After analyzing the responses of health systems, clinicians, payers and patients to questions on digital health, artificial intelligence (AI) and machine learning (ML), and financial health for our Future of Healthcare Report, HIMSS and its Trust partners were able to identify some possible trends in healthcare in the coming years.
We spoke to our Trust partners at Accenture, The Chartis Group and ZS about some of the findings related to digital health, AI/ML, and financial health, and what the future of healthcare holds. Here are their thoughts.
Clinician digital health adoption will not revert back to pre-pandemic levels. Seventy percent of clinicians in the report said they’d use it at the same or greater levels as before. Since patients are going to continue to demand this convenience, clinicians need to be able to provide this location-agnostic type of care.
There is a strategic shift happening. Like most other industries in our lives, healthcare is shifting and getting more personalized. This is being driven by health IT startups and big tech. Payer adoption is the highest because it benefits them the most.
Health systems have to challenge the role of traditional assets—those constructs aren’t going to work anymore. And they need to change how they invest in physical assets, in the context of an increasingly digital healthcare landscape. There’s a long list of digital capabilities that health systems need to push out. We’ve done virtual care version 1.0, but we need to do a lot more.
When it comes to AI/ML, patients are enthusiastic in looking at how it can add to their own healthcare journey, but do have concerns with data security, breaches and attacks on healthcare systems. In the future, when it comes to patient data and their confidence in the level of data we have as an industry, we have to safeguard it and talk about how we’re safeguarding it. Transparency needs to happen.
Dr. Gibbings-Isaac: Clinicians believe that AI/ML is half of their future prosperity. Not only that, 76% said that AI/ML is not a threat to their job security, and they will gladly partner with AI/ML to augment their own clinical capabilities for the better.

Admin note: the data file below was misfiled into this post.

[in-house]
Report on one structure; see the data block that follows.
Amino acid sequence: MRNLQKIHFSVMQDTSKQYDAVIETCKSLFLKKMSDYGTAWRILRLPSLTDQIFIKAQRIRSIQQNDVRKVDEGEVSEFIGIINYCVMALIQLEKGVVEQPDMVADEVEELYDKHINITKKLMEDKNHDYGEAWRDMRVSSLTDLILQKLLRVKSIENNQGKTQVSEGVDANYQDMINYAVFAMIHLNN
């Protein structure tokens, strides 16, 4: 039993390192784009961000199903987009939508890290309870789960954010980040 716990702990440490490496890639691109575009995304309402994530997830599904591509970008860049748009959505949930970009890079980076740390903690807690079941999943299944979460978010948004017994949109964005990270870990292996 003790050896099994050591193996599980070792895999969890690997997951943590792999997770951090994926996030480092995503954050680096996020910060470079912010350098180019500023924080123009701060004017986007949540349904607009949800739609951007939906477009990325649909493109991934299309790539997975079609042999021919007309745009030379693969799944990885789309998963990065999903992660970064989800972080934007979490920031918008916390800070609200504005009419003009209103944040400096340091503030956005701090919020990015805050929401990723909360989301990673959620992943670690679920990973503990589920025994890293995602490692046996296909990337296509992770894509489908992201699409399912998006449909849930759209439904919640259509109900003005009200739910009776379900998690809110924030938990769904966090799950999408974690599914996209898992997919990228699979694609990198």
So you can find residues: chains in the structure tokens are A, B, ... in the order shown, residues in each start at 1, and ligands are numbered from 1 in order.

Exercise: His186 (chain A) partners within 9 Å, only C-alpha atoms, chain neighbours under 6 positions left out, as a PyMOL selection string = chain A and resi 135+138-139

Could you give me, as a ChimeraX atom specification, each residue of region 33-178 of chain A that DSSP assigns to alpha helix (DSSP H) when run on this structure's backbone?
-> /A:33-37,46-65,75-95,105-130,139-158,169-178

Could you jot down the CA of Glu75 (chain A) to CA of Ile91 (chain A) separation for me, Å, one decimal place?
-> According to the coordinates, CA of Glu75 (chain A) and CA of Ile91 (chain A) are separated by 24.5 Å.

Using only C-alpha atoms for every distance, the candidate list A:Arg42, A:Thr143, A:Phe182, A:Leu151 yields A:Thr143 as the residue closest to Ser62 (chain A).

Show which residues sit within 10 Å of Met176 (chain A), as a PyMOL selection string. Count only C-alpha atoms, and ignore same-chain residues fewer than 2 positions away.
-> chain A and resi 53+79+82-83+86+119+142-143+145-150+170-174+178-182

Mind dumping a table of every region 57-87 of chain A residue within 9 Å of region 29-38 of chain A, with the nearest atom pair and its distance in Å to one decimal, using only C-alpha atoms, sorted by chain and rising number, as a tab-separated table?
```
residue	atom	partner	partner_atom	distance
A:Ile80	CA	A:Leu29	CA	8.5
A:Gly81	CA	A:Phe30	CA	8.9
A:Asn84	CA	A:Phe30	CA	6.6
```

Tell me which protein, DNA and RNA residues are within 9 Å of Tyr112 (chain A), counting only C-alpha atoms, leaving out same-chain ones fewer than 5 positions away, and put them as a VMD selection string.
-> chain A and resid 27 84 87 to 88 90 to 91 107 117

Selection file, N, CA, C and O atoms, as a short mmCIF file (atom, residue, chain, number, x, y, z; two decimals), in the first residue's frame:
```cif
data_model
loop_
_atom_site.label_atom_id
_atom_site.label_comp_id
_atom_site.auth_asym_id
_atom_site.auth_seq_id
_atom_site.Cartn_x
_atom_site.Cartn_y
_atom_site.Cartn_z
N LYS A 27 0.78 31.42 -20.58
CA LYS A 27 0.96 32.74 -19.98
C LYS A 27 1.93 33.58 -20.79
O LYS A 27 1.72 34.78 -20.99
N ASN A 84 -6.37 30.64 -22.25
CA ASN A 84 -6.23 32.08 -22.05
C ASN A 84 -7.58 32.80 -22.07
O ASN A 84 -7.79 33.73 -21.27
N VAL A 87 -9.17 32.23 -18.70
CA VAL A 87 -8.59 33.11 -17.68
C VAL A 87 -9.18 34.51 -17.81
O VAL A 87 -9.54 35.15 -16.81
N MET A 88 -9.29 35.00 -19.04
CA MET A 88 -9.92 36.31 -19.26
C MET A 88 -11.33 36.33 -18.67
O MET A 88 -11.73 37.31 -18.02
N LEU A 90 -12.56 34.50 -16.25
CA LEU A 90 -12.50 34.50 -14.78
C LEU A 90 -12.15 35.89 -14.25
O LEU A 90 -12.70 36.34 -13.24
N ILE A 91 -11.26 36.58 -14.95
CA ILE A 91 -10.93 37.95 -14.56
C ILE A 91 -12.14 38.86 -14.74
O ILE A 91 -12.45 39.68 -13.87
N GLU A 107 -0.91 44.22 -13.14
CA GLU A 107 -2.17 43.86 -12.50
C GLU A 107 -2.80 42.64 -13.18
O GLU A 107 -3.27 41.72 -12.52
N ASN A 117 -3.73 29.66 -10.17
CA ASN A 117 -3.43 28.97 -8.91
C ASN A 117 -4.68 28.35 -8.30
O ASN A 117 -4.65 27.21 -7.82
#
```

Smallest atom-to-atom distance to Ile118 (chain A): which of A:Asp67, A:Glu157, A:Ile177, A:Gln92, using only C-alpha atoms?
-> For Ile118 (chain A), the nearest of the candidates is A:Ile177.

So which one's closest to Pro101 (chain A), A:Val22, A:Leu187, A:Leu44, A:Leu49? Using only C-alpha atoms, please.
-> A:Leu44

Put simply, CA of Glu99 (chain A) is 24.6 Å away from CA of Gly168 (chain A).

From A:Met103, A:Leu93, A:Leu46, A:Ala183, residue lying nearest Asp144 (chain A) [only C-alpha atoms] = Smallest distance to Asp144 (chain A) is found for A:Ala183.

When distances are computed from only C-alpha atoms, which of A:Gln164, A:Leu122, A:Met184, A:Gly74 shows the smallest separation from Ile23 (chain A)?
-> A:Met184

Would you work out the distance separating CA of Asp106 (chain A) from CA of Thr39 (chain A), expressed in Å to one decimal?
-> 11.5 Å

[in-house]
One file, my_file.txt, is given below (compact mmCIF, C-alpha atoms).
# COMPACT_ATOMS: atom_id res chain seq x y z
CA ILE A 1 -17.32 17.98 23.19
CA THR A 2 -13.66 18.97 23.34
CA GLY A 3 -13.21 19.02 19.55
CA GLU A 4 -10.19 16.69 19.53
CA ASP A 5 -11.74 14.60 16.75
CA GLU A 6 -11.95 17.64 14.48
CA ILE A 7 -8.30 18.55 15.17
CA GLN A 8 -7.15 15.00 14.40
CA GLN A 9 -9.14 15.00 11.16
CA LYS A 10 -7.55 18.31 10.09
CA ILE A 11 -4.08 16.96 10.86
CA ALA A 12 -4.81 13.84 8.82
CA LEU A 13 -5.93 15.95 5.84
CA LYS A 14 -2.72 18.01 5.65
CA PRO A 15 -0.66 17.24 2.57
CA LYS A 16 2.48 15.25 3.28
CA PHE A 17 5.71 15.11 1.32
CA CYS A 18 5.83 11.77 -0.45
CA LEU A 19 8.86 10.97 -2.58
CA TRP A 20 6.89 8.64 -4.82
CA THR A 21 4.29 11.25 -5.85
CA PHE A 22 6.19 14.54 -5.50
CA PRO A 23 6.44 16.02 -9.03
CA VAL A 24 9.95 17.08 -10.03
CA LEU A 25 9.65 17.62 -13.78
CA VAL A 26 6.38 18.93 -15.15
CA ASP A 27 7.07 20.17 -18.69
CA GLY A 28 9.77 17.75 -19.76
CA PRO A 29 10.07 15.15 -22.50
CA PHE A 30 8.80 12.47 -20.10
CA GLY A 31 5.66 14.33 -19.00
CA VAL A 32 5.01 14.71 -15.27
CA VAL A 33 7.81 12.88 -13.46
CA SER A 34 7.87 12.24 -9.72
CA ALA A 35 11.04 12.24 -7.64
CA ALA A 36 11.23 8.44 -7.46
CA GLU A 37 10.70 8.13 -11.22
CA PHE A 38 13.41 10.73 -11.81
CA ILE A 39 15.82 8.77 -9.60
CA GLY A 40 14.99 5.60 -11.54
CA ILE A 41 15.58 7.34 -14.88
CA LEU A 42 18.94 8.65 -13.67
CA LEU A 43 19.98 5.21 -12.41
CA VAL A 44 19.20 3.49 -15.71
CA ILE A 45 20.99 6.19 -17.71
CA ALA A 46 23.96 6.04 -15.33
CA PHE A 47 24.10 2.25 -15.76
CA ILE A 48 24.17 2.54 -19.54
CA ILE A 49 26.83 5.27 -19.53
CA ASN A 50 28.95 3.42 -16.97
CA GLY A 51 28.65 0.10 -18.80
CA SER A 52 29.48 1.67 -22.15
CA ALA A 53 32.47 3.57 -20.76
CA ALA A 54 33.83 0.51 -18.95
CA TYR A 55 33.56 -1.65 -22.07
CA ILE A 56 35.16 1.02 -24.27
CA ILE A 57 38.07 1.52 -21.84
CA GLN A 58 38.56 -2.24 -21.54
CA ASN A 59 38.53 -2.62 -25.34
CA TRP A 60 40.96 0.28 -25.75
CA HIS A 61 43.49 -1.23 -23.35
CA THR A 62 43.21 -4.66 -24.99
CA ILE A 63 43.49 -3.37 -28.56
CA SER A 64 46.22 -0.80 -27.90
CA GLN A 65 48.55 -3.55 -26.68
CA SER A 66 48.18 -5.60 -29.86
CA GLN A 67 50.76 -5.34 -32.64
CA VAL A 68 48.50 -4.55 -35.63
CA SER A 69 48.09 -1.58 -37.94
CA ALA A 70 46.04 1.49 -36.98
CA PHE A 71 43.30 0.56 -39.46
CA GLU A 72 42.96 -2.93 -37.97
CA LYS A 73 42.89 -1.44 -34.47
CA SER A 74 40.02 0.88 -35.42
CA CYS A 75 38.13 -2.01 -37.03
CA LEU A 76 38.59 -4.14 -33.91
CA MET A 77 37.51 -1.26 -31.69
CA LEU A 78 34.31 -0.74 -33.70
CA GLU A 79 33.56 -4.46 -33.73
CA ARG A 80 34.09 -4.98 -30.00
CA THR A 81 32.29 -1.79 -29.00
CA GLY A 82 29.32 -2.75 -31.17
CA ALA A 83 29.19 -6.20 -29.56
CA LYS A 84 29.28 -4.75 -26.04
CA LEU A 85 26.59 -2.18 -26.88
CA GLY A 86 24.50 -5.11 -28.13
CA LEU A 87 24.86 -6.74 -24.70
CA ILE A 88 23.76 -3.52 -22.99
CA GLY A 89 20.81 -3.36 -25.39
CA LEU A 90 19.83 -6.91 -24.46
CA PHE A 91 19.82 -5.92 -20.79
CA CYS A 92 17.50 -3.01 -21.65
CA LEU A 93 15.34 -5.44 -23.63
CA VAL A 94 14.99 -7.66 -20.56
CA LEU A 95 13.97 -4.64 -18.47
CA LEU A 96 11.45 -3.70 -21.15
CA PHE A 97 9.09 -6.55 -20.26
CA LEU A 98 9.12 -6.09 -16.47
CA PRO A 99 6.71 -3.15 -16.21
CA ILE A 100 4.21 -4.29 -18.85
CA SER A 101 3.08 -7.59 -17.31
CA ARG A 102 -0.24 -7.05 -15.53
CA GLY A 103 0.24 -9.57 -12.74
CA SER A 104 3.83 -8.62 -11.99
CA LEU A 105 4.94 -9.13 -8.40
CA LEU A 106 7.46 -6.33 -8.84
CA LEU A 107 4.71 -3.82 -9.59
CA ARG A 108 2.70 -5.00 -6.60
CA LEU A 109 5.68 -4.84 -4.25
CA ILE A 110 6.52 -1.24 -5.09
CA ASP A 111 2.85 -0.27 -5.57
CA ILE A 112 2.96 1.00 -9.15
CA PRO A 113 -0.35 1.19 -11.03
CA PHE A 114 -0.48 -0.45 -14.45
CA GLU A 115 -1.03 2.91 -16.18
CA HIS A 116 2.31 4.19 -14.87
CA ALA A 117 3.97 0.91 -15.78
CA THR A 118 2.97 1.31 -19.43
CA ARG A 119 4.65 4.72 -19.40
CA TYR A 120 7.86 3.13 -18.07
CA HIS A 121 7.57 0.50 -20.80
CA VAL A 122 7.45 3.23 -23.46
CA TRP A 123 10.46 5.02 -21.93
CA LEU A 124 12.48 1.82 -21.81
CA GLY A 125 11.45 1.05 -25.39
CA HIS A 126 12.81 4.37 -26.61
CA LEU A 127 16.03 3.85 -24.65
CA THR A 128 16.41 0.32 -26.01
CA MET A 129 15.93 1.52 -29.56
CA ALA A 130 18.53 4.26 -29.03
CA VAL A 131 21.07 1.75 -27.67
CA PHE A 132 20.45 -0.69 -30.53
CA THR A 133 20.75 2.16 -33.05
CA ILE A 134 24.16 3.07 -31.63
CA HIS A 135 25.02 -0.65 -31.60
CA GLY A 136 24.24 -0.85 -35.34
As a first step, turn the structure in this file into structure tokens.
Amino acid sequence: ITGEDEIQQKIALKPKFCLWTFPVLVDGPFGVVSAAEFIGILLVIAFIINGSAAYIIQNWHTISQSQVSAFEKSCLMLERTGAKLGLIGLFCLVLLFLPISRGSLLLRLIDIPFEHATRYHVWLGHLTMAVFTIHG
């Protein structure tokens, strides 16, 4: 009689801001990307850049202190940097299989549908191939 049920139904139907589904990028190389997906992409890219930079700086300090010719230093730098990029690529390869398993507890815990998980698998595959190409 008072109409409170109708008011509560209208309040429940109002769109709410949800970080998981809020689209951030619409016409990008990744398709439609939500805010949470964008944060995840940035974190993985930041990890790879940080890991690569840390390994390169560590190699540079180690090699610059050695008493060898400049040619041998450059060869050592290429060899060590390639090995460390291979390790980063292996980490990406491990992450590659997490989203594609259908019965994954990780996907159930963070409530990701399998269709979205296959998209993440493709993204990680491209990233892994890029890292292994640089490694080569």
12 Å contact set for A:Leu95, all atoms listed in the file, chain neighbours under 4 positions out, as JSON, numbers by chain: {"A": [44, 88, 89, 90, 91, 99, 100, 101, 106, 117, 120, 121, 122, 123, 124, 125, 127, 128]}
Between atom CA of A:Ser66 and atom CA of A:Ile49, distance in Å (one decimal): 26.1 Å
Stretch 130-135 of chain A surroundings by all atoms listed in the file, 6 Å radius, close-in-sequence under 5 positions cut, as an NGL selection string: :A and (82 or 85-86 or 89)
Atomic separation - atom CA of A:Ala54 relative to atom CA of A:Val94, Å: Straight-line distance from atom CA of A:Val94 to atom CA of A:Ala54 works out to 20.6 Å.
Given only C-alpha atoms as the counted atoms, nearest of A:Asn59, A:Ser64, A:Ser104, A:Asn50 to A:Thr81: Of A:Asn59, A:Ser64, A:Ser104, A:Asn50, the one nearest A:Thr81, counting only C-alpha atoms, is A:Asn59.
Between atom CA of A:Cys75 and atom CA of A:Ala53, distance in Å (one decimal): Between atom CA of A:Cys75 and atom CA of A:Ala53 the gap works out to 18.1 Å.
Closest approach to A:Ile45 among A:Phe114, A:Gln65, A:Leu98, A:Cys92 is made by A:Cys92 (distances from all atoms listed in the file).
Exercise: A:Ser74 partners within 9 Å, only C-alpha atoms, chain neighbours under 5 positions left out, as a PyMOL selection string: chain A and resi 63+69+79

Goodman: The overall sentiment is positive. When it comes to wearable tech, more than half of patients are likely to use it in the future if it helps with better diagnosis and treatment. In a HIMSS Market Intelligence study conducted in April 2021, more than half of clinicians recommended use of patient grade wearable tech (Apple Watch / Fitbit / etc.) to their patients to monitor chronic health conditions. Clinicians also mentioned patients being more engaged in their healthcare journey when they’re using wearable tech, as well as helping diagnose their own health conditions by detecting arrhythmias, for example.
Kiesau: In the future, traditional competitors (hospitals and physician groups) are still perceived as the biggest threat to health systems financially, however, there’s a notable increase in all of the other categories on non-traditional competitors, our survey found. For instance, retail healthcare moved up significantly, and is one specific non-traditional competitor to watch going forward.
Tiwari: In the future, we’re going to see a greater adoption of more value-based care, things like population health management and maintaining higher member experience. Some of the barriers to of adoption will be around care management and providers’ maturity from a data/tech perspective. But we’ve made great progress in the past few months.
The views and opinions expressed in this content or by commenters are those of the author and do not necessarily reflect the official policy or position of HIMSS or its affiliates.
In the Future of Healthcare Report, HIMSS and its Trust partners—Accenture, The Chartis Group and ZS—share insights on the trends and challenges that have defined the past year and how they will impact the future.